More from the PTAB: Prosecution Bars, CBM, and Motions to Exclude

July 9, 2014

In keeping with our goal of discussing topics of interest to practitioners, this month we discussed recent developments related to prosecution bars and CBM proceedings. We also explored the PTAB’s treatment of motions to exclude evidence.

Dorothy Whelan, Principal and Post-Grant Practice Co-Chair, Twin Cities
Karl Renner, Principal and Post-Grant Practice Co-Chair, Washington, DC
Andrew Patrick, Associate, Washington, DC
Ron Vogel, Associate, New York
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Webinar Summary

  • Motions to Exclude
    • Federal Rules of Evidence apply – same as in U.S. district court, but with USPTO duty of candor overlay
    • Timing of evidentiary objections
      • Evidence submitted prior to institution: objections must be served within 10 days
      • Post-institution: objections must be served with 5 days
      • Depositions: objections must be made during deposition
    • Evidentiary objection is a prerequisite to filing a subsequent motion to exclude the evidence
    • Motion to exclude may be filed without prior authorization from Board
    • Content:
      • Only to challenge admissibility of evidence (e.g., authenticity, hearsay, etc.); not to challenge sufficiency or weight of evidence
      • Must point out where objection was made
      • Must explain objection in detail
    • Only about 8% of Motions to Exclude have been granted
      • Board’s basic policy disfavors exclusion of evidence, similar to a U.S. district court in a bench trial
      • Examples of granted motions to exclude
        • Untimeliness – evidence submitted with reply but in fact supported original motion to amend (Scotts Company, IPR2013-00110)
        • Evidence supporting a new grounds of unpatentability (Corning Inc., IPR2013-00047)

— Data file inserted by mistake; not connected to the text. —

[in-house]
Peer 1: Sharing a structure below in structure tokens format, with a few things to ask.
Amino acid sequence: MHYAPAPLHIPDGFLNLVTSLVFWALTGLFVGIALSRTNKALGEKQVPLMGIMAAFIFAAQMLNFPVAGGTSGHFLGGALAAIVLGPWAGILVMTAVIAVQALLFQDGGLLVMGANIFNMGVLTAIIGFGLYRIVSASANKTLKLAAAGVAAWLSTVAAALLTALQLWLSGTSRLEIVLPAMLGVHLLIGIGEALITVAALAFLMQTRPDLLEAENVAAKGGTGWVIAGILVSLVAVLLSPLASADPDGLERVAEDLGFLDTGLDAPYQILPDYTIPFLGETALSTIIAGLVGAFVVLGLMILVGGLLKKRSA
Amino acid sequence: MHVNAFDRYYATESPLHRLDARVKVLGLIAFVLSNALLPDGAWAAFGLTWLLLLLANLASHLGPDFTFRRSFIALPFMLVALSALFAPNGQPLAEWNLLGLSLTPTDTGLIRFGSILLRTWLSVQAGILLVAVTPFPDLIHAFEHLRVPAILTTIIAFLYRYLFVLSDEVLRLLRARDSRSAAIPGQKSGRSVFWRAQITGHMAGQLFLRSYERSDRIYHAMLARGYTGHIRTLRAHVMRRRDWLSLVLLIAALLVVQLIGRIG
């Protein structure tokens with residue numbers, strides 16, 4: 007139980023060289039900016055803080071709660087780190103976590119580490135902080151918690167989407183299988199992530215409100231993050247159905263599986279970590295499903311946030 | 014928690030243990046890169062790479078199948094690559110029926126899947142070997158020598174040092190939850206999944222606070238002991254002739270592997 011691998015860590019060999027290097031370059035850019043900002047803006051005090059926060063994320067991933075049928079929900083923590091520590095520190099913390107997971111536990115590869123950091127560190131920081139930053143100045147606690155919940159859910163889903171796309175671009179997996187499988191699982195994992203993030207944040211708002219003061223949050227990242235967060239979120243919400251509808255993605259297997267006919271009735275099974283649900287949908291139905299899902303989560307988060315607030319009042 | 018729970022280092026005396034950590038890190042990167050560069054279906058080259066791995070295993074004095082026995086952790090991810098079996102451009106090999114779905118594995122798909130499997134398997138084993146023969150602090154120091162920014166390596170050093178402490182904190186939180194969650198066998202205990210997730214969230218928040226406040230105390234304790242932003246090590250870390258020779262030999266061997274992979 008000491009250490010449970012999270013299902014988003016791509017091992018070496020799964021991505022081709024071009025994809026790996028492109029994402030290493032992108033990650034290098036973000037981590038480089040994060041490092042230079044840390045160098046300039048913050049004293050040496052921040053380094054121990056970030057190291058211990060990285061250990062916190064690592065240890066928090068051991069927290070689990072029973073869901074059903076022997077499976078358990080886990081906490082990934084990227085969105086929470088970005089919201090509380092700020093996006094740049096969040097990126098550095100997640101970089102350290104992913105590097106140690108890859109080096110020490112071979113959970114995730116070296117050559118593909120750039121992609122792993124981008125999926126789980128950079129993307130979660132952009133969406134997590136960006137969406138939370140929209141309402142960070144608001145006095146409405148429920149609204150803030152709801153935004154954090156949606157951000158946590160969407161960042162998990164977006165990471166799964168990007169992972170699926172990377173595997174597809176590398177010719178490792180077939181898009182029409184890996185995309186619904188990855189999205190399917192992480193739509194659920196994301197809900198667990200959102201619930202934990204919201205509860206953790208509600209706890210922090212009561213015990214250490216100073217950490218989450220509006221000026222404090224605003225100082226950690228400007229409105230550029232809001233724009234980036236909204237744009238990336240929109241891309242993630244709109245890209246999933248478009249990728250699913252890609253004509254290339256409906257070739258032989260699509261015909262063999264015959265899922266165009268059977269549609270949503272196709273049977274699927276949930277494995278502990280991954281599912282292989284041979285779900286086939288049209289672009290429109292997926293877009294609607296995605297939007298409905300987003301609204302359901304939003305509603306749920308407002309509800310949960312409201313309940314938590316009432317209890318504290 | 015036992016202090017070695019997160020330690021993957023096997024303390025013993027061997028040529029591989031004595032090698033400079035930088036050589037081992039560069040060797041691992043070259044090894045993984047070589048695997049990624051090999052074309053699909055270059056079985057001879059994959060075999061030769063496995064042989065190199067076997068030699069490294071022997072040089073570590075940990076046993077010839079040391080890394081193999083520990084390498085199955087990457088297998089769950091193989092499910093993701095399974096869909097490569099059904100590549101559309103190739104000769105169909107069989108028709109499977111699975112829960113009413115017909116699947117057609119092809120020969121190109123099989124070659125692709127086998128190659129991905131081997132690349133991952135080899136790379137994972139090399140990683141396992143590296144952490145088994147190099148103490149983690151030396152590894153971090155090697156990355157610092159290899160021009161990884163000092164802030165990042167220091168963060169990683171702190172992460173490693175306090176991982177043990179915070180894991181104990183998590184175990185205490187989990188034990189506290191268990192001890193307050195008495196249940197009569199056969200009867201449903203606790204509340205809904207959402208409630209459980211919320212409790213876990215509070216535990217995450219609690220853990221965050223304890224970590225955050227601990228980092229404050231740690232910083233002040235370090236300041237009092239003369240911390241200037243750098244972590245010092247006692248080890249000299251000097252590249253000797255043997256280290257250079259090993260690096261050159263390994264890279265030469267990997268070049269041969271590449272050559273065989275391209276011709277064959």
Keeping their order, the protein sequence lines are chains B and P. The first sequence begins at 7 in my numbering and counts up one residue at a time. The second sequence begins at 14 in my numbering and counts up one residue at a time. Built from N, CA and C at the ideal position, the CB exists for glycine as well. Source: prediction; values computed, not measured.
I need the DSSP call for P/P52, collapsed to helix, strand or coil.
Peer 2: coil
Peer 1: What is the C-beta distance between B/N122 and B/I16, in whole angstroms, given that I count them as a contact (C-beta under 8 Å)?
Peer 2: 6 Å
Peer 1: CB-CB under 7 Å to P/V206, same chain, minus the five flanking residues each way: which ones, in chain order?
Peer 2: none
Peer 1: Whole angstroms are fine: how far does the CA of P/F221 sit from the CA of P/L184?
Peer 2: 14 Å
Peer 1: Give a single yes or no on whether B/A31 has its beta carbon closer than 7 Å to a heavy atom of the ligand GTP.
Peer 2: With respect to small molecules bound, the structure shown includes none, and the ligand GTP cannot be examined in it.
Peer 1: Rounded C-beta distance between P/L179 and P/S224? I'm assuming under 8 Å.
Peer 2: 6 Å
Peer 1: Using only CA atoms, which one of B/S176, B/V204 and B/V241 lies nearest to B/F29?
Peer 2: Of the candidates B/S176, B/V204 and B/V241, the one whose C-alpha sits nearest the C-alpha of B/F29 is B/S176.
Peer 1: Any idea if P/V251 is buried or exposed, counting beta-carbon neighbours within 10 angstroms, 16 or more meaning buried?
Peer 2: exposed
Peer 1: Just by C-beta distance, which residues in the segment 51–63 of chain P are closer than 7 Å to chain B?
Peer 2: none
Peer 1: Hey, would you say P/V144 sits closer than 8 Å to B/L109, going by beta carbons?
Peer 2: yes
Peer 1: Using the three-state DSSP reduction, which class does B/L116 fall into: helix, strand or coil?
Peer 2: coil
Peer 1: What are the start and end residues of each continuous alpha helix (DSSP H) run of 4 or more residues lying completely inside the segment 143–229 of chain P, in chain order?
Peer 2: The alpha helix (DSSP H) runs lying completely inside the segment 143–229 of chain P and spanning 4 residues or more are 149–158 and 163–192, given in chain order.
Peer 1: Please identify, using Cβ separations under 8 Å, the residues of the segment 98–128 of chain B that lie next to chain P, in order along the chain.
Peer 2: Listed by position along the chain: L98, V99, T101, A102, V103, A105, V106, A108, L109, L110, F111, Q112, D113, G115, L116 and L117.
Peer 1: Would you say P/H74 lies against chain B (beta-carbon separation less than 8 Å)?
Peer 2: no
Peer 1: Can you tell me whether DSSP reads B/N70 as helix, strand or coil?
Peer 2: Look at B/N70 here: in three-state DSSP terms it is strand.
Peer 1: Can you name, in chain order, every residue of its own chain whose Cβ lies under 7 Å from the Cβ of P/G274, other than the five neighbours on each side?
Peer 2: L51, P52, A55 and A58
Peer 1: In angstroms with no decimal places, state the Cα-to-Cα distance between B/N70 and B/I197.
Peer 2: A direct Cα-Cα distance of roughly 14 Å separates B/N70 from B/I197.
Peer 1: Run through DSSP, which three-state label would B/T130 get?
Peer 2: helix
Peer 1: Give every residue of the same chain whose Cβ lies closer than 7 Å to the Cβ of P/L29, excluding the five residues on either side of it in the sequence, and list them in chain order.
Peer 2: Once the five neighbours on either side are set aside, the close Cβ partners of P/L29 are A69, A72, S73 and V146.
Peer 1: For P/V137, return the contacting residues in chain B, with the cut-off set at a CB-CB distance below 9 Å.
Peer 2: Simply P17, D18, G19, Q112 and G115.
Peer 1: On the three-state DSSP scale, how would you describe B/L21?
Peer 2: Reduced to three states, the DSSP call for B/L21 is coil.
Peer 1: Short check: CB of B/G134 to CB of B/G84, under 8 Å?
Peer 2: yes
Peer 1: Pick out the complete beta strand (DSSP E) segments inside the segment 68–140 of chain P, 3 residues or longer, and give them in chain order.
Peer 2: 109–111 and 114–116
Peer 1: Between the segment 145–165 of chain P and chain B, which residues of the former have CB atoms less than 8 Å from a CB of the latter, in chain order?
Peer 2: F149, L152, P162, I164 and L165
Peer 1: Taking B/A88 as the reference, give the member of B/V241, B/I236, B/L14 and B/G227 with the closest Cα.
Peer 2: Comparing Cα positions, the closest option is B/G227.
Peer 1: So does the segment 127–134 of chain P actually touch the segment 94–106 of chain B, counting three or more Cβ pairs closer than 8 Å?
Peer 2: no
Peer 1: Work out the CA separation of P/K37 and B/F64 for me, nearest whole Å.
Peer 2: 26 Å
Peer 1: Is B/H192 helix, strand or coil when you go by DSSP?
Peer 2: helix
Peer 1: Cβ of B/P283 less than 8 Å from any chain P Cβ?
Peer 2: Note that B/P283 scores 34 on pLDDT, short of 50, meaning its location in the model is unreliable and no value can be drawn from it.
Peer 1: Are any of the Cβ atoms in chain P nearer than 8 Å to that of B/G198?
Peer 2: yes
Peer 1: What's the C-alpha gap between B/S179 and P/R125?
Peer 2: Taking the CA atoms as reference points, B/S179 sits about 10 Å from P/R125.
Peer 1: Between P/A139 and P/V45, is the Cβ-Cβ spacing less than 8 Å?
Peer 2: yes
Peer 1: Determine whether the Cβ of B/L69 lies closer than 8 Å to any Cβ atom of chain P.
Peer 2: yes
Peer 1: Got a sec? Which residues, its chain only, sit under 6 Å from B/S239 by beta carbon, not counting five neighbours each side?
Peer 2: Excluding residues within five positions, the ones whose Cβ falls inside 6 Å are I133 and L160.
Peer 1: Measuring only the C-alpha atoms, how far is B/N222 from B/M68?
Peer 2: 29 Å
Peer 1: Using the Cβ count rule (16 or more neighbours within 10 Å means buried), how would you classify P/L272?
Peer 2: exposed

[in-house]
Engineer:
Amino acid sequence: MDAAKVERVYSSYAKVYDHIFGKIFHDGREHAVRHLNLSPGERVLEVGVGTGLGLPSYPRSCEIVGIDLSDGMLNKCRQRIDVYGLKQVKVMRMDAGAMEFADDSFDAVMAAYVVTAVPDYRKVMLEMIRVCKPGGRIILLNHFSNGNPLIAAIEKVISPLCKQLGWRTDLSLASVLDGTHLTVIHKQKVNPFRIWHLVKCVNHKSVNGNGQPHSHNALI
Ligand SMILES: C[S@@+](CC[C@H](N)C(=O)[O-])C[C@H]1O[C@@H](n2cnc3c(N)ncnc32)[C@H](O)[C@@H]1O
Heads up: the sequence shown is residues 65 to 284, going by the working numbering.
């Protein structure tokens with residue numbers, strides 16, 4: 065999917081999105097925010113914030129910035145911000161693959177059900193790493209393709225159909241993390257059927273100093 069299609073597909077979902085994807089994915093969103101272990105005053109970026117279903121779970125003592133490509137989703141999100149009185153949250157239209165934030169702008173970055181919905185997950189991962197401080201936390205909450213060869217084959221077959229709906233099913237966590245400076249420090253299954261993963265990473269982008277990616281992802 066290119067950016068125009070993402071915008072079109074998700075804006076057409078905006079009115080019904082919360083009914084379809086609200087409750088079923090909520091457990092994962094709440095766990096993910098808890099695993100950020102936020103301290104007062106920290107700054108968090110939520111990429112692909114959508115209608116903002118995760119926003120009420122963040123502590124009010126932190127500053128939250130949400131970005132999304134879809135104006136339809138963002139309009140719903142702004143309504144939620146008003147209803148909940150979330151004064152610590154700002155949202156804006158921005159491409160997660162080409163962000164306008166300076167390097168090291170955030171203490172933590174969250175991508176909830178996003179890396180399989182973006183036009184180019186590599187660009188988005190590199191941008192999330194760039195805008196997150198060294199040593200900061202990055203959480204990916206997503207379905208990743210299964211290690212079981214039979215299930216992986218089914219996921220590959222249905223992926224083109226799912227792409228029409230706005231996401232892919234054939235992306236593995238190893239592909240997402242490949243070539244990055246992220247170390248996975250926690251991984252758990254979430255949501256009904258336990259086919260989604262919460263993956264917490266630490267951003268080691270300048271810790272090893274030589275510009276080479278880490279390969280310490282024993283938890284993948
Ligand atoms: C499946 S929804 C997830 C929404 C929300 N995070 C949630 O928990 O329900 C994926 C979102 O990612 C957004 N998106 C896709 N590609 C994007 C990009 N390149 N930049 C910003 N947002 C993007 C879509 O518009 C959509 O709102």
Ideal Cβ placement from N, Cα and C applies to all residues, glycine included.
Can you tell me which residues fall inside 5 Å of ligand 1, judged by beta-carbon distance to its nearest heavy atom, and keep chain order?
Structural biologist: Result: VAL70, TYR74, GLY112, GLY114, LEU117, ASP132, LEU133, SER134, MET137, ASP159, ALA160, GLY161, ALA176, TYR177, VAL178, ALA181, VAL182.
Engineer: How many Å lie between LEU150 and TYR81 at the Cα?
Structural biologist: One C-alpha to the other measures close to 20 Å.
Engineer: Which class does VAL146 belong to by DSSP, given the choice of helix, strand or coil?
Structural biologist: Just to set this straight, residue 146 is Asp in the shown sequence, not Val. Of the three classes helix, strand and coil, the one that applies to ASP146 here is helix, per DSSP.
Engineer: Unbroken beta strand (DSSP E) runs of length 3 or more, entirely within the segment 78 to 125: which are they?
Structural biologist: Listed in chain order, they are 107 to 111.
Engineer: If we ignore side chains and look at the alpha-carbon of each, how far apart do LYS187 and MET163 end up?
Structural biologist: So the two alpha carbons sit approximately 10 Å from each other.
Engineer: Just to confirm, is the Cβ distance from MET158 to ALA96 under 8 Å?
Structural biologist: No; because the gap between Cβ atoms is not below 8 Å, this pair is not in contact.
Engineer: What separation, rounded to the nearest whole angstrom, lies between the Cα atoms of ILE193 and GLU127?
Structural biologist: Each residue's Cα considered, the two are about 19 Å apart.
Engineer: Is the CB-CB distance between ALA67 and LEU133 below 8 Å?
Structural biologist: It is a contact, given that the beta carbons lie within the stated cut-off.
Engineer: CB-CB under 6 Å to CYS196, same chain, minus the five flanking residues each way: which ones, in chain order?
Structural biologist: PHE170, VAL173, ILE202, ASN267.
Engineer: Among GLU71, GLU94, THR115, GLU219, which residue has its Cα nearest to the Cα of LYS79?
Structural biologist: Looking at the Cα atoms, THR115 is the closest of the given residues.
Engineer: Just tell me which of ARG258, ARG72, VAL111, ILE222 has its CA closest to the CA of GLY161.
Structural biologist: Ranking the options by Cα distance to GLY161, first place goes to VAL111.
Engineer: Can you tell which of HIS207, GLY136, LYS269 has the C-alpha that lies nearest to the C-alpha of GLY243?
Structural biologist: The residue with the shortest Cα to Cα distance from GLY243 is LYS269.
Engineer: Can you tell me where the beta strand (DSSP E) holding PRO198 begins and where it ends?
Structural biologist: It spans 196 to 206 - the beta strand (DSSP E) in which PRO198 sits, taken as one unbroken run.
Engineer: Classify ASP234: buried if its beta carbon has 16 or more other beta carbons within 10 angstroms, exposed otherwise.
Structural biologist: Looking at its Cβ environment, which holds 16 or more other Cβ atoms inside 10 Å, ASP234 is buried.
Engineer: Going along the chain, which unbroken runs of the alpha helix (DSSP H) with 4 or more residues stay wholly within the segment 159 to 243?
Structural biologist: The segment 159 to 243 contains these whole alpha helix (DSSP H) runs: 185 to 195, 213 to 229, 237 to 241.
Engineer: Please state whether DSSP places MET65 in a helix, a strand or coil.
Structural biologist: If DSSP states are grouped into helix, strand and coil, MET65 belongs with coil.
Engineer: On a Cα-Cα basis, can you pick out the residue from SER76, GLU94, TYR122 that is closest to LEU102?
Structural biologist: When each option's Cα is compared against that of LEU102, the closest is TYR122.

• Motion to exclude cannot be used as a surreply (e.g., to argue that a reply included new or improper arguments)
      • Correct procedure is to contact the Board to discuss remedies (e.g., get the Board agree not to consider improper portions)
  • Prosecution Bars
    • Basic concept is that prosecution counsel is walled from confidential information disclosed in counterpart litigation to prevent prosecution counsel from drafting claims on defendant’s confidential products / methods
    • Balance behind basic purpose of prosecution bar and need to coordinate strategies between IPR/CBM and counterpart litigation
      • Some District Courts have struck balance: litigation team members without access to confidential information may participate in IPR/CBM proceedings
      • Balance reflects realities of (i) need for coordination between post grant and litigation teams, and (ii) patent owner’s extremely limited opportunity to amend its claims
      • Query whether an agreement by patent owner not to file motion to amend would obviate need for prosecution bar?
  • Interesting CBM Development
    • Recently filed CBM petition in pharma context (“A computerized method of distributing a prescription drug”)
      • Query whether sufficiently “financial” to be CBM eligible
  • Statistics Update
    • IPR – over 1400 filed through June 2014
      • IPR has been instituted in most cases, but only on a subset of proposed grounds (as a consequence of Liberty Mutual redundancy doctrine)
        • PTAB is becoming more stringent on petitioner’s requirements of showing motivation to combine in proposed obviousness grounds
    • CBM – 187 through June 2014
      • Similar grant stats as IPR
    • Final Written Decisions (FWDs) – 85 IPR and 11 CBM issued to date
      • Almost all claims found unpatentable (except, e.g., Corning and TRW FWDs)
      • Only motion to amend claims granted to date (and that one was unopposed)
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